It has been more than 20 years since Mr. Show first premiered on HBO and nearly 17 since the sketch comedy series aired its final episode.
In the years since, Bob Odenkirk has gone on to become an Emmy-nominee for his surprisingly heartfelt performance on the Breaking Bad-spinoff Better Call Saul. And his comedy partner David Cross has become a cultural icon for his role as Tobias Fünke on Arrested Development.
On Friday, the pair reunite for a too-short four-episode run of a brand new sketch show on Netflix, slyly titled W/ Bob & David, that reminds viewers not only how influential the original Mr. Show was on a generation of sketch comedy creators like Amy Schumer, Keegan-Michael Key and Jordan Peele, but also how those newcomers have in turn changed the form in the intervening years. It was worth the wait.
Sipping on his second tequila to help soothe a broken arm, Cross reminisces about the “old days” of Mr. Show before the recent world premiere of two of the four new episodes before an audience and friends and family at the Vista Theatre in Los Feliz.
“What people don’t know about this is that we’ve had the theater wired, all the seats are wired, so if people aren’t laughing we have a kind of tickly, electrical current and if they continue to not laugh, that current will go up,” Cross jokes moments before it was time for the show to begin. “It’s kind of like the Stanford Prison Experiment.”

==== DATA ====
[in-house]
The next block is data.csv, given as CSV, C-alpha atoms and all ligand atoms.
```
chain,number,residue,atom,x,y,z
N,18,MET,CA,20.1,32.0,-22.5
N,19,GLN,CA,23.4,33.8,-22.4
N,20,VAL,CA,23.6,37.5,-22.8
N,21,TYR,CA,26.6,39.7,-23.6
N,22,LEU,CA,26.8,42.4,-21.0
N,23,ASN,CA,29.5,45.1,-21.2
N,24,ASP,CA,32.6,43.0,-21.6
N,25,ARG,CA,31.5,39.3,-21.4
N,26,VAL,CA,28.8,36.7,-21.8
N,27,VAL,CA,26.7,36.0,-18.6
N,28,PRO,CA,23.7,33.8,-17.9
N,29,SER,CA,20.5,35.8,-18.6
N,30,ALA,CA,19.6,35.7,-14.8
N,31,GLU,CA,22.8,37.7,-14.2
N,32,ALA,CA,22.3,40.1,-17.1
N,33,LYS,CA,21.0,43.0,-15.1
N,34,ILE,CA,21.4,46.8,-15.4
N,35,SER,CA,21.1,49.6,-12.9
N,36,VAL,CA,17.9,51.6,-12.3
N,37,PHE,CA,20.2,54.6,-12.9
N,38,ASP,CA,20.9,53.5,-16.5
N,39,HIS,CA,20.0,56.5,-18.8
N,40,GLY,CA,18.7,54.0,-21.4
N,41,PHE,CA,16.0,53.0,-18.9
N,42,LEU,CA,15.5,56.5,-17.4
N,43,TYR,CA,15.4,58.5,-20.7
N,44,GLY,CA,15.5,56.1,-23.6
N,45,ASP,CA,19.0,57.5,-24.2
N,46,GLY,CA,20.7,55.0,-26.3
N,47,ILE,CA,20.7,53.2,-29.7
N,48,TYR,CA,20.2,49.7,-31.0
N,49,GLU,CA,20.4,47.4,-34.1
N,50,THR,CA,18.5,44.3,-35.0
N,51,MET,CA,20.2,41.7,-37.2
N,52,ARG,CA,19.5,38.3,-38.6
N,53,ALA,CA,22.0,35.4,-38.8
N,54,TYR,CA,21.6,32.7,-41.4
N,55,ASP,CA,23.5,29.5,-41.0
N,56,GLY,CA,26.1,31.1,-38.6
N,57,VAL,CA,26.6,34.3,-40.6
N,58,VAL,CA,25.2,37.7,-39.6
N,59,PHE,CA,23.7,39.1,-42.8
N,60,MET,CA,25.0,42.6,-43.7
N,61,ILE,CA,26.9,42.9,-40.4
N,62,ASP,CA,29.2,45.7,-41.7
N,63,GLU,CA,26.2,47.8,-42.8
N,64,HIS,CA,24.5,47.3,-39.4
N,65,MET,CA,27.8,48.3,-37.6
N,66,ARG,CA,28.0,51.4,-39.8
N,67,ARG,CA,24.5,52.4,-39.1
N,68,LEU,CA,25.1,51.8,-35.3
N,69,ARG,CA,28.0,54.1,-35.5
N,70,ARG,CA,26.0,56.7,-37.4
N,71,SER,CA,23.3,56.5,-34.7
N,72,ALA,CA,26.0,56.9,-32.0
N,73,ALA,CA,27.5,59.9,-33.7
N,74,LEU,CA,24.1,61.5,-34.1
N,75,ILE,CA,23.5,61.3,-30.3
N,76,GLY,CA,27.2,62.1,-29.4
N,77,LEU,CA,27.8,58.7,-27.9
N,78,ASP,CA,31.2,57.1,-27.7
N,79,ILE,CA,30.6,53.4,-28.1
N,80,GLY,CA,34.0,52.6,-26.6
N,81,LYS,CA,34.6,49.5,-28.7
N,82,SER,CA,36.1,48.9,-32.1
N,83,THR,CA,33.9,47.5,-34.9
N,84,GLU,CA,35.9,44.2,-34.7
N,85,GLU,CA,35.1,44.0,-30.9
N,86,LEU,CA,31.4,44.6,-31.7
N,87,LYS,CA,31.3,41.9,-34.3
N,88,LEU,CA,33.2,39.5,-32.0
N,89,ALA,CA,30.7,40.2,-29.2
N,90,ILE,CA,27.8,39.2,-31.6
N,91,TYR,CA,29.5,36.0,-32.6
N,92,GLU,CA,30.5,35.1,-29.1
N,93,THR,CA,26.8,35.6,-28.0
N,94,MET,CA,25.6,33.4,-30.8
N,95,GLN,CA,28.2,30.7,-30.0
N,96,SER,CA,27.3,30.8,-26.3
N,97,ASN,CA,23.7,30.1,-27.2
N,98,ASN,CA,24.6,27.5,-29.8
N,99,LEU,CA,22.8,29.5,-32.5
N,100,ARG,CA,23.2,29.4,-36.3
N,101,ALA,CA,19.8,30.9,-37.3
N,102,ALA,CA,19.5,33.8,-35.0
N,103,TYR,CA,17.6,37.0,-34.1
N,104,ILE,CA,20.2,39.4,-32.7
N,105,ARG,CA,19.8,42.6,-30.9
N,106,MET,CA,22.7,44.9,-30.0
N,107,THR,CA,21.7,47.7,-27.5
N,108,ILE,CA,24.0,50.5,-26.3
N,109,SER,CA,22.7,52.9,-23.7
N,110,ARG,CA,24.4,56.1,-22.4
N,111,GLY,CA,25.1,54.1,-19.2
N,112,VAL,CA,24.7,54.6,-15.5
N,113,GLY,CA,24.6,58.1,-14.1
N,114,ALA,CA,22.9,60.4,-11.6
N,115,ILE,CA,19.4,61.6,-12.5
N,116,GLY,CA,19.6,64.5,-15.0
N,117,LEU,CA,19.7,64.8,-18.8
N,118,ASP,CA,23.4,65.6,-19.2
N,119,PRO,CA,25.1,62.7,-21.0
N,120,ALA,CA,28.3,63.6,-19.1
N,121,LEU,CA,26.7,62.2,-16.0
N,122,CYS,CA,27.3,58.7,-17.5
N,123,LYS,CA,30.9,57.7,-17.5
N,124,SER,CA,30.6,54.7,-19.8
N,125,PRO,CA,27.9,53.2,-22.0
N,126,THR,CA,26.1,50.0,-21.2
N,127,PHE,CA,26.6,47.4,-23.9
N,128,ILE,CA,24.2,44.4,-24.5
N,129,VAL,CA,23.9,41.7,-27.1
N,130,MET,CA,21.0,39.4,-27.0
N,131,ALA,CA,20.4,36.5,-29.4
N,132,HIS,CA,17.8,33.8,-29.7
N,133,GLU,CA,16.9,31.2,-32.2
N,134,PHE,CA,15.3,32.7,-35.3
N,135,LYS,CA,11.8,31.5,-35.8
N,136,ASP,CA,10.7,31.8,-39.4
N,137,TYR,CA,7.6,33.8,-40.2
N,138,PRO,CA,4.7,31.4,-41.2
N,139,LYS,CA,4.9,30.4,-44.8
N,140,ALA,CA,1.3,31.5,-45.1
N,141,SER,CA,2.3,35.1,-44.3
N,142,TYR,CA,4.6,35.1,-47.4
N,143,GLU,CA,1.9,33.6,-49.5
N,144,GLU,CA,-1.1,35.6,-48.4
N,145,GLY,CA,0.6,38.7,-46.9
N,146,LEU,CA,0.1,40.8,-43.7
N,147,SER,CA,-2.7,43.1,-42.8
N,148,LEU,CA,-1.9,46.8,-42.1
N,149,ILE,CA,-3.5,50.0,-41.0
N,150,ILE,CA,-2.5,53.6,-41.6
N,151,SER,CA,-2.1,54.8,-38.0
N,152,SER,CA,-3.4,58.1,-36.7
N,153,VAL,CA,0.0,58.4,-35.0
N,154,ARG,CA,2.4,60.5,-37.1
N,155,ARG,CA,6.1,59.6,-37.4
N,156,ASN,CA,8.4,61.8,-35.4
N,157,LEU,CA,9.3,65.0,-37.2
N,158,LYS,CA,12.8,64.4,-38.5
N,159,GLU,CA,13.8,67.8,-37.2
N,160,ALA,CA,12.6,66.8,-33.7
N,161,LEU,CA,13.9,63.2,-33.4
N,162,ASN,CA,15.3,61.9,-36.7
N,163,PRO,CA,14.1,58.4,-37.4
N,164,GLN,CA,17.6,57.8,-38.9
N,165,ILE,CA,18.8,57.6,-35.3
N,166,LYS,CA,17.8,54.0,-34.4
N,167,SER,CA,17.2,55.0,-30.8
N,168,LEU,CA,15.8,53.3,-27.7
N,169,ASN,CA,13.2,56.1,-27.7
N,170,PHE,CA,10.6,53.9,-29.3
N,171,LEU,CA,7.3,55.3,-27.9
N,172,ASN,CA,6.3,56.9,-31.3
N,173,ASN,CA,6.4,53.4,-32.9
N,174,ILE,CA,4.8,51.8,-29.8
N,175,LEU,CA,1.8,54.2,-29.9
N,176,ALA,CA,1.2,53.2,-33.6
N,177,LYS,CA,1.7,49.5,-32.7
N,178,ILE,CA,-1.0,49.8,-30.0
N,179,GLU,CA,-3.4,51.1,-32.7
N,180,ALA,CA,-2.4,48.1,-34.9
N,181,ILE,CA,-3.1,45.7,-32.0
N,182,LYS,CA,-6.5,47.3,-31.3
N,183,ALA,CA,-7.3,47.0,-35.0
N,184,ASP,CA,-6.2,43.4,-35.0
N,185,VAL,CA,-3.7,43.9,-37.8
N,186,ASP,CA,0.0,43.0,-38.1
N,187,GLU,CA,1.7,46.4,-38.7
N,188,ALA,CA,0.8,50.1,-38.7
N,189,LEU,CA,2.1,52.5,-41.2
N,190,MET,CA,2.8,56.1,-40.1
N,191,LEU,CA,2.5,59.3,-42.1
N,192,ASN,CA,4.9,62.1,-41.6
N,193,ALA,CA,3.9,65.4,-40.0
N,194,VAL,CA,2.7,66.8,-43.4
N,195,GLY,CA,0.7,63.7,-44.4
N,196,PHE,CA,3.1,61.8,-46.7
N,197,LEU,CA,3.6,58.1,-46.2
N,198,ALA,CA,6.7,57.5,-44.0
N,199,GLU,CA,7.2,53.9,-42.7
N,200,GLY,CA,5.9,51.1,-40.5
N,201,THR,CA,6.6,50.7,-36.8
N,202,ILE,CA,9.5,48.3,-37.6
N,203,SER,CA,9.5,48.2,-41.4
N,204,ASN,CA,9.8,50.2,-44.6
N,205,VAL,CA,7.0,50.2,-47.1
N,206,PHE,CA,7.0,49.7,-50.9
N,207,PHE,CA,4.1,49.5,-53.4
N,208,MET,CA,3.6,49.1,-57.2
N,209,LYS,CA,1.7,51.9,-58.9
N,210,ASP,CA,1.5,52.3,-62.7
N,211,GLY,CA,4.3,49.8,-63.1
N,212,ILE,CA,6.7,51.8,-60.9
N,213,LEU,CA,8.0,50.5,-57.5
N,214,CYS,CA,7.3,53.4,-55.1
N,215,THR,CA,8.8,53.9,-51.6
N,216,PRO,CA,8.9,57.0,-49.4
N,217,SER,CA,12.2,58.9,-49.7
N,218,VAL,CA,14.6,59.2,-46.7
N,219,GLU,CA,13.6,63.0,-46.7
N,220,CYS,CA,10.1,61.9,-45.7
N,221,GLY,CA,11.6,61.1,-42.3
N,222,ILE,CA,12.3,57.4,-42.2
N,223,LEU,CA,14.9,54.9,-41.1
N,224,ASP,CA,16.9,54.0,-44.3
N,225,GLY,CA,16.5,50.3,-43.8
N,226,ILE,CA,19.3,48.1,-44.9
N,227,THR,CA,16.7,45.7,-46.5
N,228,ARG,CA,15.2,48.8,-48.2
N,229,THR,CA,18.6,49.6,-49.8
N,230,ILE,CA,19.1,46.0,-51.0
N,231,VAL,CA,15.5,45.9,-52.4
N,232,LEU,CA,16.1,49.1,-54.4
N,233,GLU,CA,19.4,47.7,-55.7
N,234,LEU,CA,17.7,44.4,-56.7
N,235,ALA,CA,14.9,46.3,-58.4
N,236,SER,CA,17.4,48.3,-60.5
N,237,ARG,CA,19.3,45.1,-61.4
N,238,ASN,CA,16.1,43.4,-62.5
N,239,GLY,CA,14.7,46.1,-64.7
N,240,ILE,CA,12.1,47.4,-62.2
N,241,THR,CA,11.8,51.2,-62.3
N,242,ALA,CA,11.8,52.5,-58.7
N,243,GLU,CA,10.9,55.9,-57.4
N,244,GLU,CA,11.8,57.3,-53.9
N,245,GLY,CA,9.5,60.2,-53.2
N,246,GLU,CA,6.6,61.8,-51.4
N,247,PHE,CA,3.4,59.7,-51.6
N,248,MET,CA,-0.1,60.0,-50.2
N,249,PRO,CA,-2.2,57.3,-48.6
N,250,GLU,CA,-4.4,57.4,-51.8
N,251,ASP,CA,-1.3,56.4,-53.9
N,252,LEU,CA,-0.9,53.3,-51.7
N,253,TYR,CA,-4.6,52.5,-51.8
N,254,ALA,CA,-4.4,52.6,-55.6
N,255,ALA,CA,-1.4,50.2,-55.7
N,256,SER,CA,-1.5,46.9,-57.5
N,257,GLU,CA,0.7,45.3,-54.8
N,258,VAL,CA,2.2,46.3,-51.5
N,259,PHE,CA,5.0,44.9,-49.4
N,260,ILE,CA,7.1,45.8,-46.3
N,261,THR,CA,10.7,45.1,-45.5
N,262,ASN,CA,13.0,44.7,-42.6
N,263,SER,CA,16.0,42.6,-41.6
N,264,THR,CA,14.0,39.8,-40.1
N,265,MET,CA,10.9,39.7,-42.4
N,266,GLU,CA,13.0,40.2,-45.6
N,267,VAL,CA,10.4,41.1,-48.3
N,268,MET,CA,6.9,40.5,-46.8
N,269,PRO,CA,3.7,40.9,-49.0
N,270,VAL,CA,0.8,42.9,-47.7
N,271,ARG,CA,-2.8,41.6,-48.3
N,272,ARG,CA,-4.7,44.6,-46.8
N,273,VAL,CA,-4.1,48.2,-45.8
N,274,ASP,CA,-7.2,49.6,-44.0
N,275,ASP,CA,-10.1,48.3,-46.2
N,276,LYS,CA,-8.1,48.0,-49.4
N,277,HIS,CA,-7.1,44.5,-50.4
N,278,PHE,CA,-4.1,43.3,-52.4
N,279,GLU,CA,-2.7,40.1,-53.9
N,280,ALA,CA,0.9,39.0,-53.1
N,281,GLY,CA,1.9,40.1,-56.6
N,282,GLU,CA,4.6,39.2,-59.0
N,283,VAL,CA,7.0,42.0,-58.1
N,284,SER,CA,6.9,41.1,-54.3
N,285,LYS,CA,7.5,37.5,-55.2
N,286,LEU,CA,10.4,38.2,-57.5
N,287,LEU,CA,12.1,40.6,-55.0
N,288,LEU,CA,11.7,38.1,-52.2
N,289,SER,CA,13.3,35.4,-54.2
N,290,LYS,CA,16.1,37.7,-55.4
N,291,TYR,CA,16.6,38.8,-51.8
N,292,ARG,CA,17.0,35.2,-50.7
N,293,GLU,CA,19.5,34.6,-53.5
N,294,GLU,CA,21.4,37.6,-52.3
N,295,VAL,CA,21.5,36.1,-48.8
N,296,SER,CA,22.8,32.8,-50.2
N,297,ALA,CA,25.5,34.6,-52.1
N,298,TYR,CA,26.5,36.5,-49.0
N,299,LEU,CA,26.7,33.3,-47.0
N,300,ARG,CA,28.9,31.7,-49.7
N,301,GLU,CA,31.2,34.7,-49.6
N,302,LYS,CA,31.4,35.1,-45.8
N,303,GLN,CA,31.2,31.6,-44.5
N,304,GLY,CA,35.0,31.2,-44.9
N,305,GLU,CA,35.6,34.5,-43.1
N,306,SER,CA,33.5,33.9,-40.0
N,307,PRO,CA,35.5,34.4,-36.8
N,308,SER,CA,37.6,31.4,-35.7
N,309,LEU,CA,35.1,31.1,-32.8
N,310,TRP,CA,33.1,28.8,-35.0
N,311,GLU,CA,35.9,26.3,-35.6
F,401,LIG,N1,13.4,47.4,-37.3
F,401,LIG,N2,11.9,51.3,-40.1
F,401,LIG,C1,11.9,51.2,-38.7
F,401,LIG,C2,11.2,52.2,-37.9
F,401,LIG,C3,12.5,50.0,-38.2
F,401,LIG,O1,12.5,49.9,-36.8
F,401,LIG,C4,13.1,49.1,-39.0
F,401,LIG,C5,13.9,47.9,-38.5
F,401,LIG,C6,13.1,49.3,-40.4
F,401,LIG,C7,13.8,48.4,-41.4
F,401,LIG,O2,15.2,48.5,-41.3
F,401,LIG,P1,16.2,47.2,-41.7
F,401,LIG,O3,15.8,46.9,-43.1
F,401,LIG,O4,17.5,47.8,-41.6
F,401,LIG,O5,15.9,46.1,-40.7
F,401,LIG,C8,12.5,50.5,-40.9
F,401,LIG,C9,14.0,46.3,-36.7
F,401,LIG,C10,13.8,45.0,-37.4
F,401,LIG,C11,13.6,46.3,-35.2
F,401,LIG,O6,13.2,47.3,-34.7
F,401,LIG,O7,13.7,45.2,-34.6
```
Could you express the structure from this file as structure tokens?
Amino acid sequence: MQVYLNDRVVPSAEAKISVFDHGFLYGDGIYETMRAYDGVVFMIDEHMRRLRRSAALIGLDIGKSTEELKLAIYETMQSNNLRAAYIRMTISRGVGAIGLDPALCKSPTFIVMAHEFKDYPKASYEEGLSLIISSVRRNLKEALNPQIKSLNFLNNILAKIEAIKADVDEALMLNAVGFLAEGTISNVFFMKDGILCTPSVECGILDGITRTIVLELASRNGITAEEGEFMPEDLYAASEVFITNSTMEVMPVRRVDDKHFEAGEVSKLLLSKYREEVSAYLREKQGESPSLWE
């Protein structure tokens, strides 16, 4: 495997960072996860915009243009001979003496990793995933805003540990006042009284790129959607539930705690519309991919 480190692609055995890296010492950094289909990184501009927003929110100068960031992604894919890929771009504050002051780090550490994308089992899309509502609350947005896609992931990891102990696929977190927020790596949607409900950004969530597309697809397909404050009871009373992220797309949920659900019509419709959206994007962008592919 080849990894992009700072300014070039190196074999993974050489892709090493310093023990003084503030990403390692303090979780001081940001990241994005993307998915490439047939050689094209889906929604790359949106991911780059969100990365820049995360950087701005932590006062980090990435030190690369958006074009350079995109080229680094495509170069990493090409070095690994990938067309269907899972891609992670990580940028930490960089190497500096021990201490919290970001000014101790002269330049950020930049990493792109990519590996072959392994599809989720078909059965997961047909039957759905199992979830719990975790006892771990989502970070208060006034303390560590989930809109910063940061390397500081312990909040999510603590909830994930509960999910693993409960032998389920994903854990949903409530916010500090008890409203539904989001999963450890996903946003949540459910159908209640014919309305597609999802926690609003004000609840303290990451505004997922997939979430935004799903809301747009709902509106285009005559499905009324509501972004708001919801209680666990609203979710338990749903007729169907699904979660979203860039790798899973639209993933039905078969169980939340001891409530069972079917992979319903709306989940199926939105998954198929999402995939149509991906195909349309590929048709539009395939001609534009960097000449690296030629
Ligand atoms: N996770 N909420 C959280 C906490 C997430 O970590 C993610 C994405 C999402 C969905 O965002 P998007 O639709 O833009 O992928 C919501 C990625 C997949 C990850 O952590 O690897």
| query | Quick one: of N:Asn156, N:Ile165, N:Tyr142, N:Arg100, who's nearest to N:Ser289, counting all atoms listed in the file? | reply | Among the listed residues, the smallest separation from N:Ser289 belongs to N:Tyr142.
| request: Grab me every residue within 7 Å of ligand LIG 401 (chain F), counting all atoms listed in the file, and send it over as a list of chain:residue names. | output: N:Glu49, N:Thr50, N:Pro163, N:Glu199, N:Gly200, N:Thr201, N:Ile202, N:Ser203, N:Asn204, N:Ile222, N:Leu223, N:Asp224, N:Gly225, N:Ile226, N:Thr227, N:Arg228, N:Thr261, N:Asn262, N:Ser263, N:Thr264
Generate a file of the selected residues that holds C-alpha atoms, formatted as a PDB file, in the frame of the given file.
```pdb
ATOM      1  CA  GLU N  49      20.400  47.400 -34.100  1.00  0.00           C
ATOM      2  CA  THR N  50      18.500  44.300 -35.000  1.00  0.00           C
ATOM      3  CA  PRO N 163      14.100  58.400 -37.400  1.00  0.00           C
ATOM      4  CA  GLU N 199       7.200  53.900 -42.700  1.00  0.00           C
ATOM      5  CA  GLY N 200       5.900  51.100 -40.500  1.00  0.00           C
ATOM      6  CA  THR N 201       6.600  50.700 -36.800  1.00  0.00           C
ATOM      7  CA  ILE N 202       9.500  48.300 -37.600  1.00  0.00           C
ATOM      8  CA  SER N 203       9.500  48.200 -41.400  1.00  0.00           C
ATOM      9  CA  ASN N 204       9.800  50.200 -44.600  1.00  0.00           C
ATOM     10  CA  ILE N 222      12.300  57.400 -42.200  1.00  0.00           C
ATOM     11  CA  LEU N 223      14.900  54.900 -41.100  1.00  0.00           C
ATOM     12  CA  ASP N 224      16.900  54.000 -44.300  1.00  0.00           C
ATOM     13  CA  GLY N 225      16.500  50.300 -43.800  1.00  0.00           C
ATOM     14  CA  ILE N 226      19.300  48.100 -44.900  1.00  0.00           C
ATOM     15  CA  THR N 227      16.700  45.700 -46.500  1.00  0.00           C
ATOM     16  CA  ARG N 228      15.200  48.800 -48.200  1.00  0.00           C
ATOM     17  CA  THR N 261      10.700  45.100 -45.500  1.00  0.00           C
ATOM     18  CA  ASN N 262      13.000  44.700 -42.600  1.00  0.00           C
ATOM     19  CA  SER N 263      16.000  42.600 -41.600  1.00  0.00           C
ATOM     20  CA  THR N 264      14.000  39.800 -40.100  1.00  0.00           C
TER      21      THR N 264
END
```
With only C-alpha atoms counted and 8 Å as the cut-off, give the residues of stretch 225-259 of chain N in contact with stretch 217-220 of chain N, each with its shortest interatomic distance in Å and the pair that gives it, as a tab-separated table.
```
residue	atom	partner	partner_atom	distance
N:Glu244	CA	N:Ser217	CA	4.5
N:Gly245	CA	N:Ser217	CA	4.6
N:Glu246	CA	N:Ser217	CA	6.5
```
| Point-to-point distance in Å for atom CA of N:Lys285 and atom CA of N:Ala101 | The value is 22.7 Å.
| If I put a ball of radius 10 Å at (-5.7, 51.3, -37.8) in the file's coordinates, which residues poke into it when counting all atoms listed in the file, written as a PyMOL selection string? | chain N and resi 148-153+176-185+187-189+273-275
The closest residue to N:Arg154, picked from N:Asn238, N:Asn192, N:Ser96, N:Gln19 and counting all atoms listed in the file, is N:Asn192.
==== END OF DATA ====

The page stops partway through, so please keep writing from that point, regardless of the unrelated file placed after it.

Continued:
While Cross is quicker to make a joke and less inclined to exert energy dissecting the nature of his comedy, Odenkirk is the more analytical of the pair, eager to talk at length about the larger aims of their work beyond just making people laugh.
A passionate political point of view was often present in Mr. Show and has perhaps grown even stronger with the new project. That desire to become part of the larger social conversation can be seen in one of the few new sketches to be released online ahead of the show’s premiere.
The official title of the sketch is “Know Your Rights,” but Odenkirk remarks, “It should have been called ‘Reasonable Cop.’” Appearing in the show’s third episode, the bit features Keegan-Michael Key of Comedy Central’s recently ended Key & Peele, as a police officer who is forced to deal with Cross’s Gilvin Daughtry, a self-righteous driver who aims to show his handful of YouTube followers how to contend with an overzealous cop. The only problem is he can’t seem to find one.